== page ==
WASHINGTON — First, it was about adoption. Then, it was a routine effort to get political dirt on rival Hillary Clinton. Now, President Donald Trump says that, "to the best of my knowledge," there was no follow-through on a meeting between his namesake son, his son-in-law, his indicted former campaign manager and Russian emissaries who claimed to have incriminating information on Clinton.
“Don has received notoriety for a brief meeting, that many politicians would have taken, but most importantly, and to the best of my knowledge, nothing happened after the meeting concluded,” the president said in a statement to The Washington Post.
The sitdown at Trump Tower has become a focal point for investigators looking into Russia's interference in the 2016 presidential election, whether Trump or his campaign conspired with Russia and whether Trump or other administration officials obstructed justice after he won the election.
Trump's insistence that "nothing happened" afterward — true or not — likely wouldn't affect any possible conspiracy charges, former federal prosecutor Glenn Kirschner said in a telephone interview with NBC News.
"No, it doesn’t matter," Kirschner said, noting that a person can be charged with conspiracy to commit murder even if no one is killed.
On a public relations level, at the very least, Trump and Trump Jr. have been bedeviled by their own shifting narrative on the purpose of the June 9, 2016, meeting and what happened inside the landmark New York tower that bears their name.
When The New York Times first reported on the Trump Tower meeting in July 2017, Donald Trump Jr. replied with a statement citing adoption as the major subject of discussion.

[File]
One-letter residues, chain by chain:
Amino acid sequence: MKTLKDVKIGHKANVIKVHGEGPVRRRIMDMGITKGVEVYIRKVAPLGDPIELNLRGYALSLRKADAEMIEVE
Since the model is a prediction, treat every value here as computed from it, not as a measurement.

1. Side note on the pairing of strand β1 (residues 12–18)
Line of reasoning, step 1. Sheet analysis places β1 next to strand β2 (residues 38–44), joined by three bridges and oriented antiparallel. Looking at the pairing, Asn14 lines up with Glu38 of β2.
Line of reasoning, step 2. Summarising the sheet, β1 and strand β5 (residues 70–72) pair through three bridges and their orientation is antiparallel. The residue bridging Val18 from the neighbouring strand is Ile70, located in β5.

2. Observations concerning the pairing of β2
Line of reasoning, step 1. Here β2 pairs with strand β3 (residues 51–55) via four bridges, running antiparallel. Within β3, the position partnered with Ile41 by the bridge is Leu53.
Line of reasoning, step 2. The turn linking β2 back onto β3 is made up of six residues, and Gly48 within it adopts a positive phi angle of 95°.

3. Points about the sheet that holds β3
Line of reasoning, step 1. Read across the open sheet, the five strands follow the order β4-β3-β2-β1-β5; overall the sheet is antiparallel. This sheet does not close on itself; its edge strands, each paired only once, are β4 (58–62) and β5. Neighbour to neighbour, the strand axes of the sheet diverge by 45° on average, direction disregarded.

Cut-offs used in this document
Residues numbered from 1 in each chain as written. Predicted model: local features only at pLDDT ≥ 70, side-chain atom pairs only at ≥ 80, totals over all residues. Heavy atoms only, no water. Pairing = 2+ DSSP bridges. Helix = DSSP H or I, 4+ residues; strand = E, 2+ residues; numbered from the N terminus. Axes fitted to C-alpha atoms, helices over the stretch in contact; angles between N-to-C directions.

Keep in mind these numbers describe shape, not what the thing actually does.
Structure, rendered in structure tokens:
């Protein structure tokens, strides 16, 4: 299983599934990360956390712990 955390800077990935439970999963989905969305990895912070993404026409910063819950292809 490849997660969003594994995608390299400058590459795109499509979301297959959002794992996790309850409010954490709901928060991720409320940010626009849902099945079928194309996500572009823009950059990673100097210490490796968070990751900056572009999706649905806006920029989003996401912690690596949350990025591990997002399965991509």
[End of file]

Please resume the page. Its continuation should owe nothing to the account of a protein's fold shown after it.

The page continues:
"It was a short introductory meeting," he said in a statement. "I asked [Trump son-in-law] Jared [Kushner] and [campaign manager] Paul [Manafort] to stop by. We primarily discussed a program about the adoption of Russian children that was active and popular with American families years ago and was since ended by the Russian government, but it was not a campaign issue at the time and there was no follow up. I was asked to attend the meeting by an acquaintance, but was not told the name of the person I would be meeting with beforehand."
The president, aboard Air Force One, dictated the statement issued by his son, as The Washington Post reported. For months, his aides insisted he did no such thing. But his lawyers finally acknowledged earlier this year that the elder Trump did personally dictate his son's misleading statement.
Trump Jr. changed his story quickly — one day later — after being faced with reporting that opposition research on Clinton was the bait for the meeting.
"After pleasantries were exchanged, the woman stated that she had information that individuals connected to Russia were funding the Democratic National Committee and supporting Ms. Clinton," Trump Jr. said. "Her statements were vague, ambiguous and made no sense. No details or supporting information was provided or even offered. It quickly became clear that she had no meaningful information. She then changed subjects and began discussing the adoption of Russian children and mentioned the Magnitsky Act. It became clear to me that this was the true agenda all along and that the claims of potentially helpful information were a pretext for the meeting.”
When told that he might receive documents that would hurt Clinton, as part of "Russia and its government's support" of his father, Trump Jr. emailed back to an intermediary: "If it's what you say I love it especially later in the summer."
The president has consistently defended his son, but distanced himself from the meeting.
"Most politicians would have gone to a meeting like the one Don jr attended in order to get info on an opponent," Trump wrote on Twitter last year. "That's politics!"
Last week, as the meeting came back into focus in the news, the president added that "I didn't know about it!"
It remains to be seen whether the storyline will evolve again. For now, the president is trying to send the message that he wasn’t aware of what his son was doing — even if, as he says, none of it was wrong.